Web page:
Now is the time to take next steps in FAD preparedness

Pork producers not enrolled in SPS, SHIP and AgView will face potential business disruptions during a foreign animal disease outbreak.

Ann Hess, Content Director

September 12, 2022

8 Min Read
Avian Influenza Biosecurity .jpg
National Pork Board

Whether it's signing up for AgView, putting together a Secure Pork Supply Plan or enrolling in the U.S. Swine Health Improvement Plan, Chris Rademacher says the resources are there for pork producers to develop an integrated foreign animal disease preparedness plan that encompasses traceability, biosecurity and surveillance.

Those plans will be crucial within the first 72 hours after the first FAD case is detected in the United States, and Rademacher says, depending on the epidemiological investigation, the standstill could take longer than three days.

"Part of the reason why I put the 72 hours in question marks, is that it is highly likely that the state and federal officials willevaluate the epidemiological investigation surrounding the primary infected premises at 72 hours and say, 'do we feel confident at that time that we feel like we've identified all those dangerous contacts?'" Rademacher says. "If the answer to that is yes, they've got the potential infected sites quarantined and the control areas identified, then the possibility for them to raise the standstill will happen. If the answer to that is no, it's probably going to extend beyond 72 hours. So, pork producers and caretakers, there is the potential for us to influence that and it really ties back to how well we have done in our level of FAD preparation before the event."

During the recent Iowa State Swine Day in Ames, the clinical professor in veterinary diagnostics and production animal medicine and now interim director of the Iowa Pork Industry Center shared the "next steps" in FAD preparedness at the farm level. Rademacher says many producers don't realize that during the standstill, there'll likely be no live animal or semen movements. Feed and rendering could also be held up, depending on the type of outbreak.

"You need to be planning if I can't get feed, what do I need to do over those 72 hours or potentially longer? If I don't have access for a short period of time to rendering, if that's my primary mortality disposal, what am I going to do for on-farm disposal if it's, 3, 4, 5 days that I don't have access to?" Rademacher says. "That's all part of the FAD preparation that we need to be thinking about."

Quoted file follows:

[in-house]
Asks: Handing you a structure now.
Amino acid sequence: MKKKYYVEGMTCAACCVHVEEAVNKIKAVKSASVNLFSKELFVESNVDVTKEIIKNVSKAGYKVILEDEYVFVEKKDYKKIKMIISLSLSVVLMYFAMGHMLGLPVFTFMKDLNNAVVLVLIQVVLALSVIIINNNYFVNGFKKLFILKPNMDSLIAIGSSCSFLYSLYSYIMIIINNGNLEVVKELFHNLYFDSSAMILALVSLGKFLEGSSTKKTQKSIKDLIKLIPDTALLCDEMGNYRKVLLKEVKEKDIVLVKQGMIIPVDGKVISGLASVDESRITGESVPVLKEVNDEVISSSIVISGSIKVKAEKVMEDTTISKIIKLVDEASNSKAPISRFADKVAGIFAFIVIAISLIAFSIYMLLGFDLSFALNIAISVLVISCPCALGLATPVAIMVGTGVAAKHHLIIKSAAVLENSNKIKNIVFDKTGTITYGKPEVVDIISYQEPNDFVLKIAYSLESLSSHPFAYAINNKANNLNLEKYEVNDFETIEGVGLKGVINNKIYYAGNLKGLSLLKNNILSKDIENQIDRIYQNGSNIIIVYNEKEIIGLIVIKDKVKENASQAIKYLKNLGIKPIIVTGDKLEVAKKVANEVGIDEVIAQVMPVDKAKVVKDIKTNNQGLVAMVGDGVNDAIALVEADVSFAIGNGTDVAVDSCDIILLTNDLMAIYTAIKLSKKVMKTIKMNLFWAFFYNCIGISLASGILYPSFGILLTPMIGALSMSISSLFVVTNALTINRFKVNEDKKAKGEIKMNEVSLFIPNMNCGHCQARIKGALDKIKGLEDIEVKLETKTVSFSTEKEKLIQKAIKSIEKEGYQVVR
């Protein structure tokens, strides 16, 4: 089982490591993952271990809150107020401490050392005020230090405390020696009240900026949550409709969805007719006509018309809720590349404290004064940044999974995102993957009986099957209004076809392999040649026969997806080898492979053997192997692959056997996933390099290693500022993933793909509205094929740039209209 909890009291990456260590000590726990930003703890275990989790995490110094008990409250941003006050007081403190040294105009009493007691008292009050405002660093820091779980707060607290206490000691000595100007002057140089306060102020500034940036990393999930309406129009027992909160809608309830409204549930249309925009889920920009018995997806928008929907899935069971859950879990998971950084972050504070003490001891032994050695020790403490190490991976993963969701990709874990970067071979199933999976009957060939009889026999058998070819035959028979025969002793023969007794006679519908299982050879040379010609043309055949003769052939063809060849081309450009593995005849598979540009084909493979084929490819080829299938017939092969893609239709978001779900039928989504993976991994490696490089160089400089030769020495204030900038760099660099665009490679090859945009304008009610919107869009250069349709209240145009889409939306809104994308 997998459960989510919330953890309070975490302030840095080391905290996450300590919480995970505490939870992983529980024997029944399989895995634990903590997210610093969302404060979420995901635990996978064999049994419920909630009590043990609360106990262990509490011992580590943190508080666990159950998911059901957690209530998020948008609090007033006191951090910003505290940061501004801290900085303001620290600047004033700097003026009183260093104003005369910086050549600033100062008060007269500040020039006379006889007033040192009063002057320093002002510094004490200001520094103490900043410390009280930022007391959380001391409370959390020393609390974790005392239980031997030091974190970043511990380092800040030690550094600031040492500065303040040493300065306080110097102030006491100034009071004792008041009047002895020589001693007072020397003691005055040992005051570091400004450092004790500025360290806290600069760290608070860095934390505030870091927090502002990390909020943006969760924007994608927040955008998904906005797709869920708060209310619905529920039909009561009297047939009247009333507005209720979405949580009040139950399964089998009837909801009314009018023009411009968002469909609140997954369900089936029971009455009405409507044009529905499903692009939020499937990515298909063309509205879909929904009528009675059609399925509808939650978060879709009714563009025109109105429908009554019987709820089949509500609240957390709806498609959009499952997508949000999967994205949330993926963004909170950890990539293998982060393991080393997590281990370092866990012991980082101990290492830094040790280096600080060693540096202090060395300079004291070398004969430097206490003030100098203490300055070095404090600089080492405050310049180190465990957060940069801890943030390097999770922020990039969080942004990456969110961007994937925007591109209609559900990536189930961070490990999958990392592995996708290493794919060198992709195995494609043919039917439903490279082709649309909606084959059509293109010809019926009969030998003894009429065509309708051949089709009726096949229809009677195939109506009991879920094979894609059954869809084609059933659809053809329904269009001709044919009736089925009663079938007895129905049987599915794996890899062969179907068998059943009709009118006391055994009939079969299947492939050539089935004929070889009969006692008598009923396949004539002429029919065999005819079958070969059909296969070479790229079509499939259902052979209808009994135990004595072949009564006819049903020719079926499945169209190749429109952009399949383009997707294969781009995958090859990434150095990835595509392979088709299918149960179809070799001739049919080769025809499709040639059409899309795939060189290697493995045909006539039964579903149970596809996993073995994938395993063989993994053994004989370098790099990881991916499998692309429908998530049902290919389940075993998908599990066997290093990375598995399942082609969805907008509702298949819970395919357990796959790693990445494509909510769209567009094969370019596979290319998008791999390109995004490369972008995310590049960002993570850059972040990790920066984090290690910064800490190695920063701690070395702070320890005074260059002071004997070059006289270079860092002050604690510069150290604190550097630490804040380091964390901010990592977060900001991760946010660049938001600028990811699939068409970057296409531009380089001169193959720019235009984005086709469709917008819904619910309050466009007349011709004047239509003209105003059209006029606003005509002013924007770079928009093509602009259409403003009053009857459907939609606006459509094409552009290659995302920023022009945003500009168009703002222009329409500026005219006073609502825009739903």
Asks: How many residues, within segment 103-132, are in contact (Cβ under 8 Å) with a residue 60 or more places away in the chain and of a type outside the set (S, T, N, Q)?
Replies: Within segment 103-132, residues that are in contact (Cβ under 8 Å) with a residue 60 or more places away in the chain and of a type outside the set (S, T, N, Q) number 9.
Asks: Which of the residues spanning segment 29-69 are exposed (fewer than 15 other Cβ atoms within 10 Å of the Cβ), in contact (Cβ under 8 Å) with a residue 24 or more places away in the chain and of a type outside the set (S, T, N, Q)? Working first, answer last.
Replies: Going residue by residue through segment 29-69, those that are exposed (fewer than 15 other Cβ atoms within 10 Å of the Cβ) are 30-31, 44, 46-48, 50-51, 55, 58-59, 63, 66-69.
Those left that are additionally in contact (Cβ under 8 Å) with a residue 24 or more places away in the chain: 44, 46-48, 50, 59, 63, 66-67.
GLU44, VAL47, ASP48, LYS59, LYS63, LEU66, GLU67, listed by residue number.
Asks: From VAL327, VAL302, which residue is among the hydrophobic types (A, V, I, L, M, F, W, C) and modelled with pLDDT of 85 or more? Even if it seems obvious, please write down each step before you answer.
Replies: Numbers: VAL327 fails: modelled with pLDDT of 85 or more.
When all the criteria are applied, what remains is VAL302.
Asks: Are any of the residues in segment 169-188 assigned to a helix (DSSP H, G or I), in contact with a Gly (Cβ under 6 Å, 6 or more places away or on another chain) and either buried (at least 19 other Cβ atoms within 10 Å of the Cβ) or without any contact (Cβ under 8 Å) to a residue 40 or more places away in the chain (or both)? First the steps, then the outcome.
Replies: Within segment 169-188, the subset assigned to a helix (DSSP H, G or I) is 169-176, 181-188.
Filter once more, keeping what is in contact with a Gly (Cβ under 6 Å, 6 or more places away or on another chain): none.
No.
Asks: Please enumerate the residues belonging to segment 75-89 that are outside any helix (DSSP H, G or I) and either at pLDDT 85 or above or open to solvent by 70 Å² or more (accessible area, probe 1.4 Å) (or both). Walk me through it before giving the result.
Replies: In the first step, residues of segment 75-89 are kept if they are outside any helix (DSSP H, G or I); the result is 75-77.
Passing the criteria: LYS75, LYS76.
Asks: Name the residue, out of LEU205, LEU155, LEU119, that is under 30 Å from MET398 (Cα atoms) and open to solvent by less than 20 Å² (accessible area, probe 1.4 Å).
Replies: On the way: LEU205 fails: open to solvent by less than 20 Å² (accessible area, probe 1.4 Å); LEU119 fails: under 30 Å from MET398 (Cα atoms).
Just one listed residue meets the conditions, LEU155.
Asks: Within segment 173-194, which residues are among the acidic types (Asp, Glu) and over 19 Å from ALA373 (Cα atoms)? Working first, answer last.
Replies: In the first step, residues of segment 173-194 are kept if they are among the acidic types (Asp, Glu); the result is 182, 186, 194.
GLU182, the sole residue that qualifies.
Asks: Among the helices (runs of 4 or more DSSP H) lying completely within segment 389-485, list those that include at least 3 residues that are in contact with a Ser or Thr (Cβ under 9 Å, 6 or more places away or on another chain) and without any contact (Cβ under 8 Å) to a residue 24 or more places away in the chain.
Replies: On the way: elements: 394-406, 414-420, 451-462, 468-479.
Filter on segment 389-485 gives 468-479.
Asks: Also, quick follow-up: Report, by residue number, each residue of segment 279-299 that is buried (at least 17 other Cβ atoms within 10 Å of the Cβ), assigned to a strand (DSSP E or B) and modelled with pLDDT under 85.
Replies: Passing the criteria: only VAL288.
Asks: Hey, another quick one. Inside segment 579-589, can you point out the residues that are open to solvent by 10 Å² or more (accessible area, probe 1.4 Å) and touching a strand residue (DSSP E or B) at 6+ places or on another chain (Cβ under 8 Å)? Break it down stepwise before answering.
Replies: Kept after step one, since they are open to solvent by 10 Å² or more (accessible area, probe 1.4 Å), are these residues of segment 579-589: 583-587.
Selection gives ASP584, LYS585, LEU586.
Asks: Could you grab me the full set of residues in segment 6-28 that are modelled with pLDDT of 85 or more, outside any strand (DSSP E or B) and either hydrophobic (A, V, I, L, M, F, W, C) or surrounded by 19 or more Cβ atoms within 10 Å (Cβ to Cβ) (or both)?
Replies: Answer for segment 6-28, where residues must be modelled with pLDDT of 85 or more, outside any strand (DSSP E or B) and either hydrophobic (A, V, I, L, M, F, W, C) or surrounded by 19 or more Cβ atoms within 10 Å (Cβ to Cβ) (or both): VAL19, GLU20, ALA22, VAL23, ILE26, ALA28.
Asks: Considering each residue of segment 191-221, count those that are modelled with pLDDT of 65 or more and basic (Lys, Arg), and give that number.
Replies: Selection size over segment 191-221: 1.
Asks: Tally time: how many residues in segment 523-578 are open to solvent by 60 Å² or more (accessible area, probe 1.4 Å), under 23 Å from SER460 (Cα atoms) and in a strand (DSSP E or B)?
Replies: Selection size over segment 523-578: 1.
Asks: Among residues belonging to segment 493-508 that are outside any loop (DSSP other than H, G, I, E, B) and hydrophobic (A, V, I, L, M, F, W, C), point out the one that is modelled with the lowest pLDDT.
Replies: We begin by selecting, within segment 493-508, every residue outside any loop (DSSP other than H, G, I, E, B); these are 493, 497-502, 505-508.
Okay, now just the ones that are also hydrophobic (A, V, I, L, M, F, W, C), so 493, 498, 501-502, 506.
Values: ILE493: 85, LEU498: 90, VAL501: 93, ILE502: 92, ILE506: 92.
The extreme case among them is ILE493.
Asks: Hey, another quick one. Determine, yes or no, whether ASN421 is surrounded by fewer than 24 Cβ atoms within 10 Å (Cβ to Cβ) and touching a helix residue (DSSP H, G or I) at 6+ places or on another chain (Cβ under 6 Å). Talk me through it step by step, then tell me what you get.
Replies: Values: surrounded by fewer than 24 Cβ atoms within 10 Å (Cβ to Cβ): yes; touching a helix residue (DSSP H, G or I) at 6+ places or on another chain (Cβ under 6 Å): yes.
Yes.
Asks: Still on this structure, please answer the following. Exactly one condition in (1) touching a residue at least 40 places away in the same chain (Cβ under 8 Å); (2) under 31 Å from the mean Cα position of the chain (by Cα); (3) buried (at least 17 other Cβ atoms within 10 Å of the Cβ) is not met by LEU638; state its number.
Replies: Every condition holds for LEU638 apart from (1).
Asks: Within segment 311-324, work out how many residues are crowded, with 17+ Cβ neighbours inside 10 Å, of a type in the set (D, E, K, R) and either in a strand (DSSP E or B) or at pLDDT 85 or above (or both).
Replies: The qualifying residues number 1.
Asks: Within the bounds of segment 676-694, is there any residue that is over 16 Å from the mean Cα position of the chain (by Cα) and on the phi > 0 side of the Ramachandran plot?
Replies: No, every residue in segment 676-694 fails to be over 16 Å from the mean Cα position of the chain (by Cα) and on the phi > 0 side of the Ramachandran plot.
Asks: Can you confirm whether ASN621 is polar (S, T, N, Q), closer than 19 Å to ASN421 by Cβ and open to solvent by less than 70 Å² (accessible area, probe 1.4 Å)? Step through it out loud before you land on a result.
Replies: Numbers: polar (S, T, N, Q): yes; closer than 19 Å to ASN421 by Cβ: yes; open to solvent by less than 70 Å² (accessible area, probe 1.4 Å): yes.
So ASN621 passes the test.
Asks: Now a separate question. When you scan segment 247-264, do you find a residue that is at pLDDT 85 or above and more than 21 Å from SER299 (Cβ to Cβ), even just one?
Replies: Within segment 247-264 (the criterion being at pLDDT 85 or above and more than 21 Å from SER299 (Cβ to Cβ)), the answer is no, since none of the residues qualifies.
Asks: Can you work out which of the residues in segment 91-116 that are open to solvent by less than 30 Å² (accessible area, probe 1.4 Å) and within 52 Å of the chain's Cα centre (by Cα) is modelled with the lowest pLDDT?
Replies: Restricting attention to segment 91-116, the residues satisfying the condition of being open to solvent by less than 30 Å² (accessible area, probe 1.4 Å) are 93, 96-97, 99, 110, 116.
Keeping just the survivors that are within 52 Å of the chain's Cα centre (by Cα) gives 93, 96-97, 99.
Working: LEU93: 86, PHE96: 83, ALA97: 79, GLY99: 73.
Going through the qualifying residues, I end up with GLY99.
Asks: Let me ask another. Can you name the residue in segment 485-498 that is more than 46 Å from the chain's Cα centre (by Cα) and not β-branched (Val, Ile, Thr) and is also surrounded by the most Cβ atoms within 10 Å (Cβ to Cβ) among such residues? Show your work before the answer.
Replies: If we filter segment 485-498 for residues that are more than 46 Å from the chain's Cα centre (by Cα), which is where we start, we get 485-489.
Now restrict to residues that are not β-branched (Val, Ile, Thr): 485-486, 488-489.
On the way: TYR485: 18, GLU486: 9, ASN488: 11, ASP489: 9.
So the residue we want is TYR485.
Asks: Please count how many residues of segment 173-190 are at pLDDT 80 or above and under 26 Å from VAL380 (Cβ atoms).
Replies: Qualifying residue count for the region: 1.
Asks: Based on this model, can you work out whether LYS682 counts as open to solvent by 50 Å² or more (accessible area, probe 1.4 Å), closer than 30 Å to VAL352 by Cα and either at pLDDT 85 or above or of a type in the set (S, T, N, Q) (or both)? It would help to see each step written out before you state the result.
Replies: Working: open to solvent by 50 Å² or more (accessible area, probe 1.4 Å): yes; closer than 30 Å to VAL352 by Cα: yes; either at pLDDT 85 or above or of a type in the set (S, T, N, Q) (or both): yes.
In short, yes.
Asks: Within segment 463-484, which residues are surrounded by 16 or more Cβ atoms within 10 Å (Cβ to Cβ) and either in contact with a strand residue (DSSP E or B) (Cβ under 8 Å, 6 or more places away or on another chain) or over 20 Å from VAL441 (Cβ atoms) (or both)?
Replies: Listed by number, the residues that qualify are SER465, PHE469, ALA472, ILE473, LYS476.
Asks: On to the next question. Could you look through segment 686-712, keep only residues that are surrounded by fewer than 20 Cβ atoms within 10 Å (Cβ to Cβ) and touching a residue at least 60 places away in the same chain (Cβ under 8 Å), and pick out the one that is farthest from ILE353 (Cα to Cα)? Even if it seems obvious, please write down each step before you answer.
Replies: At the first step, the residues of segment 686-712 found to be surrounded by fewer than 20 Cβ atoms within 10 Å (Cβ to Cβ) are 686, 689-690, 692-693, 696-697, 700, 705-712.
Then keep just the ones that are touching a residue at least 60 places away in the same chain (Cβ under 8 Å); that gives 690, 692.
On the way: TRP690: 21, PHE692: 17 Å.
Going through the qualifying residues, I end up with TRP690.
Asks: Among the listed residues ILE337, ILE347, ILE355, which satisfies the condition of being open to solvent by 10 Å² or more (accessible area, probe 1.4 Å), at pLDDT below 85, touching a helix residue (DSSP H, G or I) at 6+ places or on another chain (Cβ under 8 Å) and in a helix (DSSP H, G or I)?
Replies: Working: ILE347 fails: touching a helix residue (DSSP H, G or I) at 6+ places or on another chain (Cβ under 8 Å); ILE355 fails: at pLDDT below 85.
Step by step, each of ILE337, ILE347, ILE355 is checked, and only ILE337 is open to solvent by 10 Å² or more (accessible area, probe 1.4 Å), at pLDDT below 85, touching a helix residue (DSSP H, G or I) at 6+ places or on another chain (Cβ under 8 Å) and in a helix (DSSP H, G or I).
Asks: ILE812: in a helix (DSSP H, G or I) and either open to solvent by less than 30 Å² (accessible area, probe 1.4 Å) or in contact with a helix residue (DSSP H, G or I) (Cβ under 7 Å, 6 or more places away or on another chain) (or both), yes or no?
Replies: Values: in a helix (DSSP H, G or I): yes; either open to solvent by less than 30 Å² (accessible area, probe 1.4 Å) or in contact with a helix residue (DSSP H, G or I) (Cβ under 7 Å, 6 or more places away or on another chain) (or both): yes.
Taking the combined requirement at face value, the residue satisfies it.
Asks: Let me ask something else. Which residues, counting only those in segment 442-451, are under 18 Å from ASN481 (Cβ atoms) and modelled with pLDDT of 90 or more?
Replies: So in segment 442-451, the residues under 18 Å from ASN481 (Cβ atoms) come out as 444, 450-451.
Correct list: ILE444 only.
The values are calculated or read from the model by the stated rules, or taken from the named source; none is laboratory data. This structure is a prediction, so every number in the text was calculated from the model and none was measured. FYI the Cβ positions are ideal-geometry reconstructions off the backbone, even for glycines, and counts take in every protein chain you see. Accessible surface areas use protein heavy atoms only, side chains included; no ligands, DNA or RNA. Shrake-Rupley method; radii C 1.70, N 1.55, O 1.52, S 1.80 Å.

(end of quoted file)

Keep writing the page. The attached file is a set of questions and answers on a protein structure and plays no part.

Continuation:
While there is some overlap among SPS, AgView and SHIP, Rademacher says the resources can help producers make specific plans for their site, such a depopulation and disposal and surveillance monitoring.

Secure Pork Supply Plan
Funded by the USDA and Pork Checkoff, SPS is a collaborative, voluntary program that provides guidance and resources, particulary for those sites that may be in a control zone, but not be infected with a foreign animal disease. From a traceability standpoint, producers will be to obtain their premises identification or PINs, with 911 address and latitude and longitude coordinates. Through SPS, they can record animal movements and associate the pin with those animal movements and also diagnostic laboratory submissions. SPS has customizable templates, depending on the type of operation, whether its indoor or indoor-outdoor production.

When it comes to disease monitoring, producers and caretakes need to be trained to recognize abnormal production parameters or clinical signs suggestive of African swine fever, classical swine fever and foot and mouth disease, and must look for those signs each day.

"Unfortunately, with many of these, we have contemporary diseases that look just like it. So, you're probably not going to be able to diagnose it, but it's important for those caretakers to be able to recognize that, and then at least be able to contact their herd veterinarian and say, 'hey, something doesn't look right here,'" Rademacher says.

In a confirmed FAD outbreak, samples will need to be collected and test negative for a movement permit to be issued within a control area. Rademacher says one of the questions surrounding this protocol has been do we have enough veterinary capacity to be able to do that?

Certified Swine Sample Collector Training
Through a collaboration among Iowa State University, the National Pork Board, the American Association of Swine Veterinarians and a multi-state partnership for security and agriculture, the Certified Swine Sample Collector Training Program hopes to address faster sample collection, increasing lab results efficiency while reducing biosecurity risks.

Standardized curriculum, both classroom and hands-on, will be led by certified veterinarians. CSSC trainers need to be USDA category II accredited veterinarians with swine experience. They also must have a business relationship with the owner of the pigs on farms where individuals are trained or perform training by request of the site’s category II accredited veterinarian under who the collectors will be submitting samples.

In addition to getting category II veterinarian approval, trainees need to have valid Pork Quality Assurance Plus certification. They will need to attend sample collection training and pass a written exam covering the curriculum. After passing the written exam, they must successfully complete a hands-on evaluation, demonstrating competency to collect, package and submit samples.